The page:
for personal gain," she said.

Rasamoelina, however, called her party Ampela mpanao politika (AMP - Women
in Politics). "Women will be more reassured if they feel that with us, they will be
accounted for fairly," she says, hinting that this strategy has paid off. "In only six
months, we have already issued 5,000 membership cards," she said.

This membership figure is one that Sylla cannot compete with right now. She
hesitates to reveal the number of members that her association has recruited
since its creation in March 2010. "There are fewer women than men," she says,
adding: "Their domestic responsibilities may prevent them from getting

However, Sylla and Rasamoelina support the women’s rights organisations
campaigning for gender parity in Madagascar to increase the participation of
women in politics.

"If we wait for mentalities to change, women will be excluded from power for a
long time yet. We must legislate," said Sylla. "I follow the work being done by
advocacy groups and actively support petitions," she said.

Rasamoelina's party has submitted a draft law on parity to the Comité consultatif
constitutionnel (CCC - Consultative Constitutional Committee), the body
established to gather input from citizens in the development of a new Malagasy

"The former president has already signed the SADC Protocol on Gender and
Development, which requires that 30 percent of senior positions be filled by
women by 2012 and 50 percent by 2015, but since parliament has not yet ratified
the Protocol, and since we have had no legislative bodies since March 2009, it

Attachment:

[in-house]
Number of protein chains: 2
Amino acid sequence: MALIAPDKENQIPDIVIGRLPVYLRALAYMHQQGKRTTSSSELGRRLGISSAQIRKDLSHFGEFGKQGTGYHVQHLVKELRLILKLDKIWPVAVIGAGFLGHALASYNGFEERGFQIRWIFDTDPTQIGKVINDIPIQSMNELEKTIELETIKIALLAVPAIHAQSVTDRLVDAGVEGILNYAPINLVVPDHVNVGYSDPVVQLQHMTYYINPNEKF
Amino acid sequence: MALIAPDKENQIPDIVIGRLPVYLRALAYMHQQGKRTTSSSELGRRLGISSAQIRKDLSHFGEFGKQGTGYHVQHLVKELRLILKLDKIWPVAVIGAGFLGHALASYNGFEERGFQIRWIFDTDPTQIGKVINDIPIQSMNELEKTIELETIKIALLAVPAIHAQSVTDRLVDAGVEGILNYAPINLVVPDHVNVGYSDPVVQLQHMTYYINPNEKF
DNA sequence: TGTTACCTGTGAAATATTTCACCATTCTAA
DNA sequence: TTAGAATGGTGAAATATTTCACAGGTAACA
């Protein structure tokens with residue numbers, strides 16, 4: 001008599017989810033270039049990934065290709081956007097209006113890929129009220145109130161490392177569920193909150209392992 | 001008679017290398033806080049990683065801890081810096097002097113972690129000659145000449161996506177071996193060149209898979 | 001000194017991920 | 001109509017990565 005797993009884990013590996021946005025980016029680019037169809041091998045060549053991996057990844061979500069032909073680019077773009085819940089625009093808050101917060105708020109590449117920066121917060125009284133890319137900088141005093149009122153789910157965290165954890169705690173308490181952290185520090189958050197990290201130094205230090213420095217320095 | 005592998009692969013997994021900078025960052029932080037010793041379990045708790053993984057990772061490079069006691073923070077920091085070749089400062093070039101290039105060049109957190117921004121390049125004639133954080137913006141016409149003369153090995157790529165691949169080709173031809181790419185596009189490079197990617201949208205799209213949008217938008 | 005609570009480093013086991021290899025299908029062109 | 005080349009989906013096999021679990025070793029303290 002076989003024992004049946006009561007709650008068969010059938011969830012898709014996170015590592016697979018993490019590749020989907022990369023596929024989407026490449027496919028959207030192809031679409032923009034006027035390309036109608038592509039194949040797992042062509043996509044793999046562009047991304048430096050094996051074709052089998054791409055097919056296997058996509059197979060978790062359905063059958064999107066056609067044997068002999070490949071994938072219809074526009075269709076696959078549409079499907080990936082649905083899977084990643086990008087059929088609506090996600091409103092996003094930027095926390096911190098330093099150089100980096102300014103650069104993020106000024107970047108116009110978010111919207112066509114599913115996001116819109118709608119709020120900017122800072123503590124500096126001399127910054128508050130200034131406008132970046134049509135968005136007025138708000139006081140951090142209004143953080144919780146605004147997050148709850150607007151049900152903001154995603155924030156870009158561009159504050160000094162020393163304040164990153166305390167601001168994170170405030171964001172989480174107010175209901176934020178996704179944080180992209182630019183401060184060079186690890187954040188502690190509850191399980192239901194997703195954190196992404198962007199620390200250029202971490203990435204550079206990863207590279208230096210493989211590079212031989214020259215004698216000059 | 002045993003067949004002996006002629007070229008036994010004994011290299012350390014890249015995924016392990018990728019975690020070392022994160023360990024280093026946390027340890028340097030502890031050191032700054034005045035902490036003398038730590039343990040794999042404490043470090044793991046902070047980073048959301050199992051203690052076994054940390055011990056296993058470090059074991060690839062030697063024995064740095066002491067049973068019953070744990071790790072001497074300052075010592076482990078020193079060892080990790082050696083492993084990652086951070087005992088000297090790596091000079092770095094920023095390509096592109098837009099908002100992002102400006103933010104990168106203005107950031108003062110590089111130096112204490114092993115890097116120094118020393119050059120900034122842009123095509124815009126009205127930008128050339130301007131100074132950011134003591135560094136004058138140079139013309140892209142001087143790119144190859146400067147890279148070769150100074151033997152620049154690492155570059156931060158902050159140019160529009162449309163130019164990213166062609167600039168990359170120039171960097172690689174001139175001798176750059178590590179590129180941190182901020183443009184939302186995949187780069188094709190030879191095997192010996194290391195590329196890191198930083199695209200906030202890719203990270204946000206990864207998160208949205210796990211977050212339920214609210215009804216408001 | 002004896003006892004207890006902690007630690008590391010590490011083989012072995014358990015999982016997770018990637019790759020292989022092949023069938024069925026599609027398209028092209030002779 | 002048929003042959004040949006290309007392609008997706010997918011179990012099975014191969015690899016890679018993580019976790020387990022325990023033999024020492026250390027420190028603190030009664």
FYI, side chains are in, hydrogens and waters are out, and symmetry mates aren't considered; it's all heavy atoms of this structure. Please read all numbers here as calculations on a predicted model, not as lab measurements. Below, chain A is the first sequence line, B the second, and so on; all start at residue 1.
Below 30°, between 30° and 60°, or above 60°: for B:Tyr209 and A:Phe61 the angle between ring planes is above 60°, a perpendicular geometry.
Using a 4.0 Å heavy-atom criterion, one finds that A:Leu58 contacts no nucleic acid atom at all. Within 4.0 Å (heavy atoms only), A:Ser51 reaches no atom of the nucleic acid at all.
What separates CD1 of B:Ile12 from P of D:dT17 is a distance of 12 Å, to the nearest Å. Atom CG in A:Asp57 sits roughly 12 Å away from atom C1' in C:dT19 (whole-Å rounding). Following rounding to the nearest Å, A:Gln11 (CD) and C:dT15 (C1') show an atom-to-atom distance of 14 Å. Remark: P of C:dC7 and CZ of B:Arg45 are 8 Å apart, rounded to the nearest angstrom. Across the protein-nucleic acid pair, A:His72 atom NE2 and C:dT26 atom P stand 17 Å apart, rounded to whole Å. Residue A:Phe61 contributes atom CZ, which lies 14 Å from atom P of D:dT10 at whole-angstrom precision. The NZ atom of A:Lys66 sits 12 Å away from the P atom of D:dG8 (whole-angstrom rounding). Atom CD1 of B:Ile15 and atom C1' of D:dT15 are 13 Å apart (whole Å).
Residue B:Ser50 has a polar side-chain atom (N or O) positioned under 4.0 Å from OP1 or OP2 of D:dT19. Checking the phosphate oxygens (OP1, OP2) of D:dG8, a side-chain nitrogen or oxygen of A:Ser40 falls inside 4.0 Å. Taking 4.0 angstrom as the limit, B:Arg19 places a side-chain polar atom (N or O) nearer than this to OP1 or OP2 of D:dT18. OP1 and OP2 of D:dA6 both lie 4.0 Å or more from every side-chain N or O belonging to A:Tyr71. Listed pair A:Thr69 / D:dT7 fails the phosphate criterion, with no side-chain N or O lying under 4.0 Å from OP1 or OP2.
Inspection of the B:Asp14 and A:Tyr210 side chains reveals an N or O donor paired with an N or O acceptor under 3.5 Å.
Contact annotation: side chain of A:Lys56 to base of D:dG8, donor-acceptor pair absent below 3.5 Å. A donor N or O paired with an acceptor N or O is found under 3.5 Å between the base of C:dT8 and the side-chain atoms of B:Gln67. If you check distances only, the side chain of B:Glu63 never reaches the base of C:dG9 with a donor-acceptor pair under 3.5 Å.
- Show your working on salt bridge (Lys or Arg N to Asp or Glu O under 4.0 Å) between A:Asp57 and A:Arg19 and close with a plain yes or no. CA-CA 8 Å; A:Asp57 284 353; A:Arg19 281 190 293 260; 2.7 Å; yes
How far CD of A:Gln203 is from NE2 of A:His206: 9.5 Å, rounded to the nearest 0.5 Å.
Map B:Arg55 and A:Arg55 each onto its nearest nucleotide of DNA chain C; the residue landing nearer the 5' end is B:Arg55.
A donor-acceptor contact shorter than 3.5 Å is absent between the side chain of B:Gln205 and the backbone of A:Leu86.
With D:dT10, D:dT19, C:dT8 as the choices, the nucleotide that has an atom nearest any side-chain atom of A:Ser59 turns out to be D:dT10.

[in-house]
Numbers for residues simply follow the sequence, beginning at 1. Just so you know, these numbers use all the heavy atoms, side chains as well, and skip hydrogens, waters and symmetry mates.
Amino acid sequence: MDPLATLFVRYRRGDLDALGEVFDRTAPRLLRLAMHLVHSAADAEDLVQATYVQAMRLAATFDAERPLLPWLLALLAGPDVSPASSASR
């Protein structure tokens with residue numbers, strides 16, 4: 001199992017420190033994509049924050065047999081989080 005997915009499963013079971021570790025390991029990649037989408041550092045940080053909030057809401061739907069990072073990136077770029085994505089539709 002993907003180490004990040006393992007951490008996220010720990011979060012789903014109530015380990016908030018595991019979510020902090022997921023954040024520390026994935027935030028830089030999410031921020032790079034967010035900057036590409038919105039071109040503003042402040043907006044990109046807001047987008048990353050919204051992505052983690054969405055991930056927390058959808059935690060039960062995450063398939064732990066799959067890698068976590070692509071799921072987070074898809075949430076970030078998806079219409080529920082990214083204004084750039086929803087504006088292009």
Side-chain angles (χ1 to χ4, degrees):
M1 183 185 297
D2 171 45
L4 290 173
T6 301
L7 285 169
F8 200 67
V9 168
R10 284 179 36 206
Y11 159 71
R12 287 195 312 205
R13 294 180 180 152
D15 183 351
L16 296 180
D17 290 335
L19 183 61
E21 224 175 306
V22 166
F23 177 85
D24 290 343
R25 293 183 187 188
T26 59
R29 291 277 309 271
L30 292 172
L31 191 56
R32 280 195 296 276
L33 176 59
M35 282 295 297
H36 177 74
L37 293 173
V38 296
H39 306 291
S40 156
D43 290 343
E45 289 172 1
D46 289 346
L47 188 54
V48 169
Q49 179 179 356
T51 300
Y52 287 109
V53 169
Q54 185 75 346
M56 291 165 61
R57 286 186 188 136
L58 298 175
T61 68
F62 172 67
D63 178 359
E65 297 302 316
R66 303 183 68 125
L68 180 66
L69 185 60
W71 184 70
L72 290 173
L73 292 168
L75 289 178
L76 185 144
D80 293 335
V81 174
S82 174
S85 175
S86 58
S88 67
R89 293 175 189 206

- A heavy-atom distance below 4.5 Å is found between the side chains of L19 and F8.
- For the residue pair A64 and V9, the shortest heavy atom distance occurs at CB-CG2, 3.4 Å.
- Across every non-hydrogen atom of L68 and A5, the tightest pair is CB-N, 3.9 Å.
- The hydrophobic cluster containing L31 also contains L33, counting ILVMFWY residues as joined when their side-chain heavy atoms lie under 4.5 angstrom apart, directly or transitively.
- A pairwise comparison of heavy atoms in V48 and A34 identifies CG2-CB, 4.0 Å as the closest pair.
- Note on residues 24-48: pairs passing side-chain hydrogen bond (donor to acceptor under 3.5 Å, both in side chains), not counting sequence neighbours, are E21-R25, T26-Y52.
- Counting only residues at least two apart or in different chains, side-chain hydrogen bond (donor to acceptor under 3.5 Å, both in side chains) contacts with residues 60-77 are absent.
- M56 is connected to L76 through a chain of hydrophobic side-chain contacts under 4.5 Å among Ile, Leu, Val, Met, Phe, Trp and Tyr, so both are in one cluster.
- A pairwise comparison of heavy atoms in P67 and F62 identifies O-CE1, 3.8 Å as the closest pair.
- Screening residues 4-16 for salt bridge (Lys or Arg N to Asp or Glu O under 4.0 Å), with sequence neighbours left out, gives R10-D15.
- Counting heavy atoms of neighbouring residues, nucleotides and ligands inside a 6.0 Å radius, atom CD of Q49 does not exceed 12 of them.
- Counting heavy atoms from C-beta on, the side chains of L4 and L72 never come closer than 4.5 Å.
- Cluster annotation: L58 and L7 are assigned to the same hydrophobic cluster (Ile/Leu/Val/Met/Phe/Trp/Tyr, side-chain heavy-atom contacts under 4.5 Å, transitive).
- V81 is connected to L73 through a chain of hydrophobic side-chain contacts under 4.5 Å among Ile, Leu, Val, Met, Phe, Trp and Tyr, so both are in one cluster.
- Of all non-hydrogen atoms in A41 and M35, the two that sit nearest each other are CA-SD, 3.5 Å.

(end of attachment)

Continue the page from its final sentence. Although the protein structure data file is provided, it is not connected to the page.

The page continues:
must become a constitutional requirement," she told IPS. Even if the parity
becomes a legal obligation, Sylla and Rasamoelina do not plan on stopping there.

"There will be a legal framework, but women will still have to prove they're worthy
of the responsibilities entrusted to them," said Rasamoelina. "They should never
stop proving their abilities," said Sylla.

In the meantime, while waiting for the elections, Sylla, as a longstanding and
active member of several charities and service clubs, continues to pursue her
social activities under the banner of her political association. For example, by
selling staples at a third of their market price to vulnerable families, she "provides
concrete assistance to others," but most importantly she's establishing her name
amongst a subset of her future constituents.

She aims to, among other things, "fight against the terrible lack of vision within
Madagascar's political elite." One of her priorities is to "develop the association's
activists and supporters' sense of political culture, and introduce them to broad
political orientations."

Educating activists also constitutes a large part of Rasamoelina's pre-election
strategy. To prepare her members for future elections, she wants to instil them
with better understandings of political culture and also public relations skills. She
also urges them to get involved in the fokontany (the first level administrative
structures of the country). "Governing is best learned at the smaller level," says
Rasamoelina - who began her political career as mayor of a rural town of 14,000
inhabitants. "You learn to know the needs of voters and you have the opportunity
to prove yourself."